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Fred_and_Barney miWisdom today… One must always take care to learn from other people’s experiences, mistakes, actions and decisions. If one is to ignore this important principle, one will find themselves on the treadmill of life – moving consistently and rapidly, yet making no progress at all.

It has taken humanity hundreds of thousands of years to reach our current level of knowledge and understanding. This progress didn’t happen by chance, nor did it happen through planned intervention. We became what we are today through nothing more than the act of making and learning from our mistakes.

It is said that Fred Flintstone developed the wheel not by accident but rather through a process of mistakes that lead to a better and more effective way of thinking about his situation. Dragging big rocks along the ground all day or lifting them above his head, surely cost Fred a great amount of energy and strain. He even had the habit of dropping a rock or two every now and then on his hairy foot causing a great amount of anguish, injury and pain. Yet if Fred wasn’t the sensible character we all know he is, he wouldn’t have taken the time to learn from these mistakes; from these inefficiencies in his strategy. Therefore we may well still be hauling rocks and bricks above our heads in today’s day and age. However, thanks to Fred, that is now history.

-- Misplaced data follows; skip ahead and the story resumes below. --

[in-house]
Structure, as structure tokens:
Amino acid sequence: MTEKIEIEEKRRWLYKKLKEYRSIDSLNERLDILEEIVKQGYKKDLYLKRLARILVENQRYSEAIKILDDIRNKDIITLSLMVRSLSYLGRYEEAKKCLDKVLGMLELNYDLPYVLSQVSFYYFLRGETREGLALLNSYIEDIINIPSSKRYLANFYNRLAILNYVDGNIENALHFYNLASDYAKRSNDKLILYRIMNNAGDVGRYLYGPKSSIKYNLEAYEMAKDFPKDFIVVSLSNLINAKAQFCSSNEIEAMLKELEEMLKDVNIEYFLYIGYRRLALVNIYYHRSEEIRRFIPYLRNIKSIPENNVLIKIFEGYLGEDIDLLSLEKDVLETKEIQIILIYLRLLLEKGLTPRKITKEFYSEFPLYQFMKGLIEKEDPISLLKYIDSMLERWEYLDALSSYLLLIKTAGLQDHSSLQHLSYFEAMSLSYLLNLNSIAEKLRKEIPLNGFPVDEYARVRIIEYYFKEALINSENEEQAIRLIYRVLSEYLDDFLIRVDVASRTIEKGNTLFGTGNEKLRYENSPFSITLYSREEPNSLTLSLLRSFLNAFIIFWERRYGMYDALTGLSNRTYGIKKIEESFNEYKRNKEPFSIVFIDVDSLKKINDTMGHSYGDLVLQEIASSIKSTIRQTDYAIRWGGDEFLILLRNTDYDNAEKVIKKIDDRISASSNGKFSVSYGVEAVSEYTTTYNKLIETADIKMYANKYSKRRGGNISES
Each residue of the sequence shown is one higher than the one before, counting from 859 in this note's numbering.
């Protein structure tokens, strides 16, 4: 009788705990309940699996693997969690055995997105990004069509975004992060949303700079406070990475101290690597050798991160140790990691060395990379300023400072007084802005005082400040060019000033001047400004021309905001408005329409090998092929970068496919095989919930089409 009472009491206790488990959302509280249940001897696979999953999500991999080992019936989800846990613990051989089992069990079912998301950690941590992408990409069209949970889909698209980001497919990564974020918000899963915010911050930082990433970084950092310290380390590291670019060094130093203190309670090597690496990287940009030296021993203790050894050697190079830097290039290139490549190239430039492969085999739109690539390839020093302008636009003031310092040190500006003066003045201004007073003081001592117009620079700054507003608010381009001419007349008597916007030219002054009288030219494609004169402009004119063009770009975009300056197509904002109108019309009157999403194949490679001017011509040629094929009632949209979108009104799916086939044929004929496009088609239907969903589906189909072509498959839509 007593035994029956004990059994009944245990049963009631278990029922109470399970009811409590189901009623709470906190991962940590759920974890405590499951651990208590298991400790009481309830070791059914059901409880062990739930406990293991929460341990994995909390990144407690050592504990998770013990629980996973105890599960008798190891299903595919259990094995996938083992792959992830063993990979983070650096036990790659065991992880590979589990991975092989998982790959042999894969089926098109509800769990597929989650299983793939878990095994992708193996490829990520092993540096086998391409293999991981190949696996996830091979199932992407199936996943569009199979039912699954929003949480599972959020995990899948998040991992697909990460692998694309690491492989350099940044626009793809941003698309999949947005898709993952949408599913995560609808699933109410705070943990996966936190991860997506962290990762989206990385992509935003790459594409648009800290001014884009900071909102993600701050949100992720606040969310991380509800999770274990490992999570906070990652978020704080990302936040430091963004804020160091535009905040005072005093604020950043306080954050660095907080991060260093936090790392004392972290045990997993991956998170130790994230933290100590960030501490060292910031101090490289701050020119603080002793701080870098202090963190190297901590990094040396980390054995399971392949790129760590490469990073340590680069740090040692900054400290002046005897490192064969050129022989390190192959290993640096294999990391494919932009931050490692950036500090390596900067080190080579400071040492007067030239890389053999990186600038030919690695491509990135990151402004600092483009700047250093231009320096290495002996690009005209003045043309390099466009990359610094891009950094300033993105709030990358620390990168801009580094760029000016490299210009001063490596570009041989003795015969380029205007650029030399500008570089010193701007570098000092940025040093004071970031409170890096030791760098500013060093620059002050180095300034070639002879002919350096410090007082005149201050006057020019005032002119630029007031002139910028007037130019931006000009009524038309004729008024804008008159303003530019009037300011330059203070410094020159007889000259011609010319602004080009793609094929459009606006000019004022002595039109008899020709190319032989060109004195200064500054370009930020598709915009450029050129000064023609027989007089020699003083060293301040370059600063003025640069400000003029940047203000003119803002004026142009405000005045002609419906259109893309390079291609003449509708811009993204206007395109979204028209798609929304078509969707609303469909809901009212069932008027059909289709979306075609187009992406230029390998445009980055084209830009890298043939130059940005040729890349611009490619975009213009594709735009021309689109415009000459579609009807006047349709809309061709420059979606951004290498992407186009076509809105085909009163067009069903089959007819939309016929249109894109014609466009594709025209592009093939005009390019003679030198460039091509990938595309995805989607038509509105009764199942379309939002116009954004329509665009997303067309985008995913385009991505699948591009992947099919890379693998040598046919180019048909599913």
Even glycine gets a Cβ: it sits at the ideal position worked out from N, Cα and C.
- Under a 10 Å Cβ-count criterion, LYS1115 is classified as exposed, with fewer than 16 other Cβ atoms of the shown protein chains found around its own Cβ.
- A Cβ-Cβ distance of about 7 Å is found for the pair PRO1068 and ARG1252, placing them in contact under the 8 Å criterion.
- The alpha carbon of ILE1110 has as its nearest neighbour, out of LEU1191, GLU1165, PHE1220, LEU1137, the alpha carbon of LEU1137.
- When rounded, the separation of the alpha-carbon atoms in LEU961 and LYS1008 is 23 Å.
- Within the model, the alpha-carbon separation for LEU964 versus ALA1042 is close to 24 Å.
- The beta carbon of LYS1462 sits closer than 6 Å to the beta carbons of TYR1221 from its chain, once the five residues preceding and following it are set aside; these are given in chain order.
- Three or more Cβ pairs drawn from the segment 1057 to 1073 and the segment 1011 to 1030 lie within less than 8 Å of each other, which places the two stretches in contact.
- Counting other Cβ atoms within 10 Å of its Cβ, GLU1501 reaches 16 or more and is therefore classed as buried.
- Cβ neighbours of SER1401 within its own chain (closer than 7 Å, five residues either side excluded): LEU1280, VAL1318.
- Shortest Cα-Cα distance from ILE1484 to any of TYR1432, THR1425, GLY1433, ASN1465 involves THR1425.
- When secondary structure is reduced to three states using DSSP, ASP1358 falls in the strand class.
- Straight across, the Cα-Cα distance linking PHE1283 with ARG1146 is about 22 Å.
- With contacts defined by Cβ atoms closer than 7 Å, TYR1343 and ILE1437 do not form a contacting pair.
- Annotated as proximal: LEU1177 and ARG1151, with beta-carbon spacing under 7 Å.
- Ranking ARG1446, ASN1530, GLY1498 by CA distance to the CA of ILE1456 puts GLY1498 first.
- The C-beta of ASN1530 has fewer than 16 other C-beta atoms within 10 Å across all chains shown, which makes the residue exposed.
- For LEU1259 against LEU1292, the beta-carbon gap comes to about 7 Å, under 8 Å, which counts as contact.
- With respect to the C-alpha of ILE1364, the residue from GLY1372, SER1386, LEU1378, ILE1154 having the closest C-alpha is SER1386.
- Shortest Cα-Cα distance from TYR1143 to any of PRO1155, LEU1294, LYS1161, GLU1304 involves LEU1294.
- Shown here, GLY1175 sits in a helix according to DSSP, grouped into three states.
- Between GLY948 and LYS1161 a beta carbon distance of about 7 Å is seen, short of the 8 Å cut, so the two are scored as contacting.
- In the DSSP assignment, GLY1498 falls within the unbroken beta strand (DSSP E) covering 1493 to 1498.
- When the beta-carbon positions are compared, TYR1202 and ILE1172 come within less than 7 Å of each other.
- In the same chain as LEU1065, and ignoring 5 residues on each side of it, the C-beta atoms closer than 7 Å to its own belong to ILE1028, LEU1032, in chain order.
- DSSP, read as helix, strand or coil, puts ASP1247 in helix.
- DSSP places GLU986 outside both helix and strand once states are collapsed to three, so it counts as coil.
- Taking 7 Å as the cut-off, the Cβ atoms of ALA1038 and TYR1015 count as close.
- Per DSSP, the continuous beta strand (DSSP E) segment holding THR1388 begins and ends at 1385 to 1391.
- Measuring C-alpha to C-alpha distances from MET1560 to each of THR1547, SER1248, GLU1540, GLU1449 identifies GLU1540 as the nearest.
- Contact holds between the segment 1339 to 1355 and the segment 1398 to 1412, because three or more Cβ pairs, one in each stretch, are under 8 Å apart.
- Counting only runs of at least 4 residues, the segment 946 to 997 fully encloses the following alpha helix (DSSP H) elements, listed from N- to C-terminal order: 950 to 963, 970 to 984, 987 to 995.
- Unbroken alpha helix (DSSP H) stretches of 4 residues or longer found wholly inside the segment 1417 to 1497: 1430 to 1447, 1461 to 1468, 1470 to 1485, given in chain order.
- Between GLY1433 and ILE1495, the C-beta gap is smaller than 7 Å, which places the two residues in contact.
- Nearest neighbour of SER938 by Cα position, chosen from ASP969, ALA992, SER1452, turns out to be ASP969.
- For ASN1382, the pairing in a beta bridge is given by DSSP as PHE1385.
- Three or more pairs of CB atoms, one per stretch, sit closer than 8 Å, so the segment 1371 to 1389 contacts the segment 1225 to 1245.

So here was Fred Flintstone searching for a better way to do something that was so critical to his survival. And so he observed others in his Clan (including his Bestest of friends Barney Rubble) dropping these huge boulders over and over again on his foot (Ouch the pain! – Fred thought to himself). Well, after several weeks of this intense observation, he finally came up with a concept that he called the Wheel. Can you just imagine how different our life would be today if this young Fred Flintstone hadn’t taken the time to learn from his observations of others? Just imagine.